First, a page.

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Carolina Ballet's Picasso explores the narratives in Picasso's works more than what makes up their uniquely visual genius.

It's no stretch to explore Picasso's relationship to modern dance 

click to enlarge Carolina Ballet's "Picasso"
  • Carolina Ballet's "Picasso"

Picasso
Carolina Ballet
@ Fletcher Opera Theater
Through Nov. 1

It's one of the hazards Carolina Ballet must have anticipated while preparing its current evening-length collection of works: Any ballet company preparing an homage to Pablo Picasso has a lot of ground to cover—with elevated expectations all along the way.

In part, that's because Picasso designed the sets for five works by the Ballets Russes between 1917 and 1927. That number includes Léonide Massine's landmark Parade, a collaboration featuring the music of Eric Satie and a libretto by Jean Cocteau that is now widely regarded as the "first Cubist ballet." Three years later he would join Massine and Igor Stravinsky to work on Pulcinella.

But even without these historic credits or his paintings and sketches of dancers, Picasso's influence on 20th- and 21st-century dance was profound. His various strategies to evoke multiple perspectives simultaneously on the same body invoke the possibility of radical movement, potentially on the part of both the subject and the viewer. One can hardly call the subjects in earlier works like "Woman Playing the Mandolin" still: In shattering the human form into a complex aggregate of shifting planes, Picasso seems to be trying to capture a range of motion and a span of time in the single image.

Repeatedly he folds and contorts the body's various parts at unlikely or impossible angles to one another in order, we sense, to push beyond; to get at all of the compositional possibilities in the form. Though Merce Cunningham was in sympathy with this notion, and Matthew Bourne has toyed with representing simultaneous time and motion ranges of individuals in works like Play Without Words, the only living choreographer I can point to with confidence in his ability to delve into this part of Picasso's aesthetic is William Forsythe.

The action in "Guernica," Picasso's 1937 masterpiece, all but explodes off the canvas; as we zoom in, zoom out and repeatedly change perspective, its numerous shifts in point of view can only mean that we viewers are as much in motion in the world of the canvas as the humans and animals depicted there. On one level, "Guernica" is a painting that's attempting to be a motion picture. It seeks to plunge us into the world and move us through it as the events depicted take place. To some degree, it succeeds.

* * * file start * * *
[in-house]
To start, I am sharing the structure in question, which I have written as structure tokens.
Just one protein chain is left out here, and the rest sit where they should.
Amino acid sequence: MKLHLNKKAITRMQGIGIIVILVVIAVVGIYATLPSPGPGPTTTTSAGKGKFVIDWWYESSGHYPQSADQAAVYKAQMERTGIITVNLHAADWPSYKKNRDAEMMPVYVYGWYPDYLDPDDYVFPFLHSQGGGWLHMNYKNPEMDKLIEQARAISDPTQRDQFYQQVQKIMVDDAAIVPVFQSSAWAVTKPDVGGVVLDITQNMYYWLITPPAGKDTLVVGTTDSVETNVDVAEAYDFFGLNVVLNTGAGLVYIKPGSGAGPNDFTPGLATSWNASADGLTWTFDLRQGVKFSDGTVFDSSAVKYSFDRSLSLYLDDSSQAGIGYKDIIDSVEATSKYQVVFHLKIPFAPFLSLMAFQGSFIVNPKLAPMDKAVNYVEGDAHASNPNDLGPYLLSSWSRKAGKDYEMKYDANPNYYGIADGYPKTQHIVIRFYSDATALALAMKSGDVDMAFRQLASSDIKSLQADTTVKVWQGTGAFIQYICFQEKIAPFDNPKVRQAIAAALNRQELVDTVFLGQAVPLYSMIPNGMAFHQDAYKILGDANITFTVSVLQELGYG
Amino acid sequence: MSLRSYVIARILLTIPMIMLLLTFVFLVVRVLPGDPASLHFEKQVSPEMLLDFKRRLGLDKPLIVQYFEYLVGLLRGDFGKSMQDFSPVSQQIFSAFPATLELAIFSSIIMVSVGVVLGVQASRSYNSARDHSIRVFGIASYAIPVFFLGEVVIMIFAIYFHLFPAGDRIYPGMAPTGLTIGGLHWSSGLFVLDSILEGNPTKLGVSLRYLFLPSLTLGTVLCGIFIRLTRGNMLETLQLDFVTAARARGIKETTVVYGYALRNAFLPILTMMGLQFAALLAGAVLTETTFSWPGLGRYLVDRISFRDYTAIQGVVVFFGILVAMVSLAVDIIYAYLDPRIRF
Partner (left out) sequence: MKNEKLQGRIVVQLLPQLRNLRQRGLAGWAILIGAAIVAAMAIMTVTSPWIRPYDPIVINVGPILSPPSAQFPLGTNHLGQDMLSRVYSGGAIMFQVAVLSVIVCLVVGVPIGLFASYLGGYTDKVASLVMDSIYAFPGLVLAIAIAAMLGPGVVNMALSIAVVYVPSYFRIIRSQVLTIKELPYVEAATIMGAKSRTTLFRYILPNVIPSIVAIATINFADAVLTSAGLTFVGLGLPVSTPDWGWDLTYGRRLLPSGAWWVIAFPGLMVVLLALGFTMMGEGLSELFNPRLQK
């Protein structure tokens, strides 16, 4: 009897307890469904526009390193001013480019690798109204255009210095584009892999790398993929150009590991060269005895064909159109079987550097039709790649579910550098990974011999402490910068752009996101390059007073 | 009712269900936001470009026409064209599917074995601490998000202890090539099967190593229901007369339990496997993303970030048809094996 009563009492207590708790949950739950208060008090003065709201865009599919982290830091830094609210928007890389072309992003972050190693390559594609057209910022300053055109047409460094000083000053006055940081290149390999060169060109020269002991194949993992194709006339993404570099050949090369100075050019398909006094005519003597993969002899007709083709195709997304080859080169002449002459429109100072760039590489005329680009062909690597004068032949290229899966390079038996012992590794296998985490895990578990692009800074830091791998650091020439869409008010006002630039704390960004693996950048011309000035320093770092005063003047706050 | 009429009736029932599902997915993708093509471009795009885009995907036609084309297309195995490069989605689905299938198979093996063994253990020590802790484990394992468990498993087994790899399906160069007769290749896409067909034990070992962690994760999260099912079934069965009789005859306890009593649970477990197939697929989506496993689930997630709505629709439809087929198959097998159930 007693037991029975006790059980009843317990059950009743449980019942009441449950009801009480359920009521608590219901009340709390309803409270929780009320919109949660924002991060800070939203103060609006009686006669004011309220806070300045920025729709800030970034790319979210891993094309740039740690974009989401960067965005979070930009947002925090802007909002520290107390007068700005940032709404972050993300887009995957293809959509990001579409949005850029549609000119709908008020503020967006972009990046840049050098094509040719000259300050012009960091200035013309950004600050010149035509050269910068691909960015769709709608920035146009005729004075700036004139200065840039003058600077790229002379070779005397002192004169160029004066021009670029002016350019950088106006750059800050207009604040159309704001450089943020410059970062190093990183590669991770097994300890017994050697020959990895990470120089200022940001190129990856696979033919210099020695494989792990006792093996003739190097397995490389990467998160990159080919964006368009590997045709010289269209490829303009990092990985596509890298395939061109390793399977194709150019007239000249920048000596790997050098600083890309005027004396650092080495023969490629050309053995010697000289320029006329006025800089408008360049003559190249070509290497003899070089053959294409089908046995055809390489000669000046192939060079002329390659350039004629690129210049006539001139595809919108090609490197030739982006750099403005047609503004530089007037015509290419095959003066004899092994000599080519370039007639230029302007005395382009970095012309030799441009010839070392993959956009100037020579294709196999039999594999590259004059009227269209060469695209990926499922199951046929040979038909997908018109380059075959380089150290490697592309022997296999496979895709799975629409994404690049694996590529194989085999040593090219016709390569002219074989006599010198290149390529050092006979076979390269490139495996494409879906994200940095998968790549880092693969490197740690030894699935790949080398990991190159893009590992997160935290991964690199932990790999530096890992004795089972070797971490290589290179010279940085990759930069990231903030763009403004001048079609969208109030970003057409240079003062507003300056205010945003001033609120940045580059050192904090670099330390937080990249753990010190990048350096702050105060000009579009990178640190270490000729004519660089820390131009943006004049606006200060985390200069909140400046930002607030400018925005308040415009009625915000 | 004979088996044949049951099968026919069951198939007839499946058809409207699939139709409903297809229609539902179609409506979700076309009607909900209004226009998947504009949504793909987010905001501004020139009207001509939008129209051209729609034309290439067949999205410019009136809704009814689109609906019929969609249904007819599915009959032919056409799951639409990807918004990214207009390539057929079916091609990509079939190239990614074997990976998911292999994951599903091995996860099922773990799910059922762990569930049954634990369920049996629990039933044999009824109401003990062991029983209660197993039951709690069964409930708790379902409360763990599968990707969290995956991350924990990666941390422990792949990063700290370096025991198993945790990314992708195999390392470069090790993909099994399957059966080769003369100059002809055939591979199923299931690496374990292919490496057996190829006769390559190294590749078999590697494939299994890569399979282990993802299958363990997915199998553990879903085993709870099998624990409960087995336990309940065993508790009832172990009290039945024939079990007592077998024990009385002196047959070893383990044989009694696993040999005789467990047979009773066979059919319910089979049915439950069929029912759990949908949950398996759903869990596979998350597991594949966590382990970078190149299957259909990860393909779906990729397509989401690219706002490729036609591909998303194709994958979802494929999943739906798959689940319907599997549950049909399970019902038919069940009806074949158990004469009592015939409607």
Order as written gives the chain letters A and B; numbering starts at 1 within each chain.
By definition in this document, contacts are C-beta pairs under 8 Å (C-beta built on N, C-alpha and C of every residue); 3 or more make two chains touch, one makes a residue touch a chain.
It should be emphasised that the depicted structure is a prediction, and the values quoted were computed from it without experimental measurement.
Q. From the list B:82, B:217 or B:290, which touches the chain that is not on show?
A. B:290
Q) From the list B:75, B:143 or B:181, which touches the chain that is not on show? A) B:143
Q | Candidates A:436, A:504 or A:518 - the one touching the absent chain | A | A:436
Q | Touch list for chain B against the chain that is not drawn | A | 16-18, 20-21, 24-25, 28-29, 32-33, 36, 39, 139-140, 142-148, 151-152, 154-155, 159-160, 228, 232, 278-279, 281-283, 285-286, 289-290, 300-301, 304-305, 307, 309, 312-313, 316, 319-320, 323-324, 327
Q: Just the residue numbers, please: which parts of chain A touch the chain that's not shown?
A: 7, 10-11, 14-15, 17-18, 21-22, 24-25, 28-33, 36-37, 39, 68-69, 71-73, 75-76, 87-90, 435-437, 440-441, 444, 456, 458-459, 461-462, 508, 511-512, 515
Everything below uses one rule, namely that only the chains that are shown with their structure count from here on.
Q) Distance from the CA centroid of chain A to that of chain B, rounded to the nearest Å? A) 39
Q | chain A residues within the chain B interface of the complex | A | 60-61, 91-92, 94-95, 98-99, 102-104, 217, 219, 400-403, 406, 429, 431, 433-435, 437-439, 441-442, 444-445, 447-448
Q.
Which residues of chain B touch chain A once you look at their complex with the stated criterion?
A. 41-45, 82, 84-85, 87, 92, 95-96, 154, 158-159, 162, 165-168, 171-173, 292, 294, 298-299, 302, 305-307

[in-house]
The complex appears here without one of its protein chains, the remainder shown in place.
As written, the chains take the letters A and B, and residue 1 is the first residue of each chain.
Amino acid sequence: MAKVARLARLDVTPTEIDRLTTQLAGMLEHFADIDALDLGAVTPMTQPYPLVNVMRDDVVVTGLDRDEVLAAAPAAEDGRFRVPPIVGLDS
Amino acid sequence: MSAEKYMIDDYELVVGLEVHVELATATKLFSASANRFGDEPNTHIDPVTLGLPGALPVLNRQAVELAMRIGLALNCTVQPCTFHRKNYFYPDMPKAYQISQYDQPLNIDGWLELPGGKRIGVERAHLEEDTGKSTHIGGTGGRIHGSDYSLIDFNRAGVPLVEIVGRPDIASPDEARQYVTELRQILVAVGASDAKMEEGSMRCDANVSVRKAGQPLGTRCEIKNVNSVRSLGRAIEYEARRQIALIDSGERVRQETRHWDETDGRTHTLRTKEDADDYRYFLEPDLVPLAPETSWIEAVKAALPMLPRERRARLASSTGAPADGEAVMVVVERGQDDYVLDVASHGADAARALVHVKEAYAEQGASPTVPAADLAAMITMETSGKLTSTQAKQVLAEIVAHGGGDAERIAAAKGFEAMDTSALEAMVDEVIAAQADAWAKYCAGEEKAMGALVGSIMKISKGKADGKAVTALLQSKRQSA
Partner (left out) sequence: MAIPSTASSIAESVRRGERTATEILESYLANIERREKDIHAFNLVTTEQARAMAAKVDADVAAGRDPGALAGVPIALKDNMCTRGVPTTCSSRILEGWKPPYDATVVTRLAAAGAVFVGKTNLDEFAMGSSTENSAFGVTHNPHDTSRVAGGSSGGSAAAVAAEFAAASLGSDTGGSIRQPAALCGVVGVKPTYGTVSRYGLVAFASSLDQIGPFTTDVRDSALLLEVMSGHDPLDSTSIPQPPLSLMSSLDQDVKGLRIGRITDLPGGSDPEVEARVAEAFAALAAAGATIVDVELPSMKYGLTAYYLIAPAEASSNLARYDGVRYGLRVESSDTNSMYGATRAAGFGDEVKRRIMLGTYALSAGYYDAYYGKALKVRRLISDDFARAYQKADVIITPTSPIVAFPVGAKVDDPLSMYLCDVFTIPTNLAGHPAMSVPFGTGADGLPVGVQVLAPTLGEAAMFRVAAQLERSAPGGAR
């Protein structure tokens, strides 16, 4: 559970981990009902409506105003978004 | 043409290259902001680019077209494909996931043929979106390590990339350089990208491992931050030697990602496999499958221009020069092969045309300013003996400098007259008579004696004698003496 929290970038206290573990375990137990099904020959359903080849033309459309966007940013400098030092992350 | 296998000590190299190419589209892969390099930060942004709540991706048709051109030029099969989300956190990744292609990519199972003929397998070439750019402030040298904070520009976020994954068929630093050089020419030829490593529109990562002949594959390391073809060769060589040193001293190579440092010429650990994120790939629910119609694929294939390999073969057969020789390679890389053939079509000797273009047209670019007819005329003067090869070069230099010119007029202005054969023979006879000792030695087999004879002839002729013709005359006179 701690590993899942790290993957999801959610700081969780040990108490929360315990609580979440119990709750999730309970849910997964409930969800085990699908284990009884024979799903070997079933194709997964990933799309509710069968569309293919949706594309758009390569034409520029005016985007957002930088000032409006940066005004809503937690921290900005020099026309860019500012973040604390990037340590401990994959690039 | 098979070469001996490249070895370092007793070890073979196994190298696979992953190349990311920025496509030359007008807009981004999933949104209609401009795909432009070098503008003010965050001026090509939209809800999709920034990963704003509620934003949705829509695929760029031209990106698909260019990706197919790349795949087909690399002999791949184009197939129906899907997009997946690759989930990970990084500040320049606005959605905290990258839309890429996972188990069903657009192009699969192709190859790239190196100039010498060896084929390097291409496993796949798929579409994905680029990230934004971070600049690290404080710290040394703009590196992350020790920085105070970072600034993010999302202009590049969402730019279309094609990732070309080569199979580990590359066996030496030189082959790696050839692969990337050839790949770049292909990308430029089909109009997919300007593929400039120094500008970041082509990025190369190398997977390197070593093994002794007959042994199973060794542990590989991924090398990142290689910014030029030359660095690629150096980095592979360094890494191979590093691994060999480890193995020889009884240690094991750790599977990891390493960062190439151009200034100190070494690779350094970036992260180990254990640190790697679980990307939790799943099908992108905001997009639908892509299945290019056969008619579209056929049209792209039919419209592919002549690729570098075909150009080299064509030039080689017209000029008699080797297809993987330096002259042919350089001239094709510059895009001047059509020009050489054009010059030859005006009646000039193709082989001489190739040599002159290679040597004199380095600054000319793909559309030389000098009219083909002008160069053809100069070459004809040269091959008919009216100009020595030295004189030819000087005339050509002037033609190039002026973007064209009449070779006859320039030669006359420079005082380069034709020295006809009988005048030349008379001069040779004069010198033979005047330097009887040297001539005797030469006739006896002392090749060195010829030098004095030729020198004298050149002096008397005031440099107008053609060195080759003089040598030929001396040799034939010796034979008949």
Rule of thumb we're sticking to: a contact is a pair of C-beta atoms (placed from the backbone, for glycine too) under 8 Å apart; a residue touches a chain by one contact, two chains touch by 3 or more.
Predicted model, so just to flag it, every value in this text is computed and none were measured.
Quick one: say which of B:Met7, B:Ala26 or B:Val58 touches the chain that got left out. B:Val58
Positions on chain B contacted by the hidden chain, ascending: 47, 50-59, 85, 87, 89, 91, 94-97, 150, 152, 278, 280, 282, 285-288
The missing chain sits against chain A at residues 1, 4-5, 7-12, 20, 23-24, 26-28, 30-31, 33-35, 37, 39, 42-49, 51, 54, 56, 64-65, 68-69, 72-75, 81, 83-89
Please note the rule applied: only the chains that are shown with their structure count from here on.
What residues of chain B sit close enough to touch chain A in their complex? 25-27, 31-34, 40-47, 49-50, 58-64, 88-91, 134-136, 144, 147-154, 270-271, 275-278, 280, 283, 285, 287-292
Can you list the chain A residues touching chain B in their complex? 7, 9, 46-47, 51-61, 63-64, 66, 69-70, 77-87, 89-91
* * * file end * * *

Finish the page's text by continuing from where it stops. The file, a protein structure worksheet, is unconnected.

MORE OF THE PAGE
My point is this: Choreographers honoring Picasso not only have to take on a formidable body of work with fundamental changes in style along the way; inevitably they have to take on his specific ability to get us to see the world through very different eyes. That's very hard to do, and most artists who attempt it leave out something big. Attempts by choreographers Robert Weiss and Attila Bongar's in this evening of work are game enough, but ultimately, no exception.

In retrospect, particularly given the relatively frugal budget announced during Thursday night's curtain speech, it's probably wise that Artistic Director Weiss chose to focus on two relatively minor works, "Salome" and "Picasso's Harlequin," before the premiere of "The Song of the Dead," based on the handwritten book of Pierre Reverdy's poems that Picasso illustrated in 1948. Bongar's fearless take on "Guernica," ably abetted by Jeff A.R. Jones' set design, arguably delivered to us a single character from that canvas: Lara O'Brien's moving portrait of a woman in a village in a time of war, assisted by a quintet of men led by Marcelo Martinez. What's here is clearly a meaningful sequence, from what we hope will ultimately be a work that admits all of the characters in Picasso's antiwar triumph.

Picasso's illustrations for Reverdy's book involve a series of broad red brushstrokes, mostly made in the margins and white space of its oversize pages. Some suggest primitive sigils; others, totemic or fetish figures from an unknown culture. In Weiss' interpretation, these are represented in marks made on the blocks of two upstage wall fragments and the thin, almost cross-hatched lines of red on designer David Heuvel's otherwise white costumes for principals Melissa Podcasy and Timour Bourtasenkov.

Composer J. Mark Scearce's score for the six-movement work creates a series of psychologized soundscapes; as pianist Olga Kleiankina dislodges discrete crystalline chips of chords from the piano in one place before dashing through Scearce's dark labyrinth with violinist Michael Danchi and clarinetist Christopher Grymes in others. In Weiss' austere choreography, two characters bloodied by the war try to come to grips with the immensity of its horror, surrounded by a group that represents their memories of the dead. It's a fitting vision of Reverdy's poems, in an evening content to explore the narratives in Picasso's works more than what makes up their uniquely visual genius.

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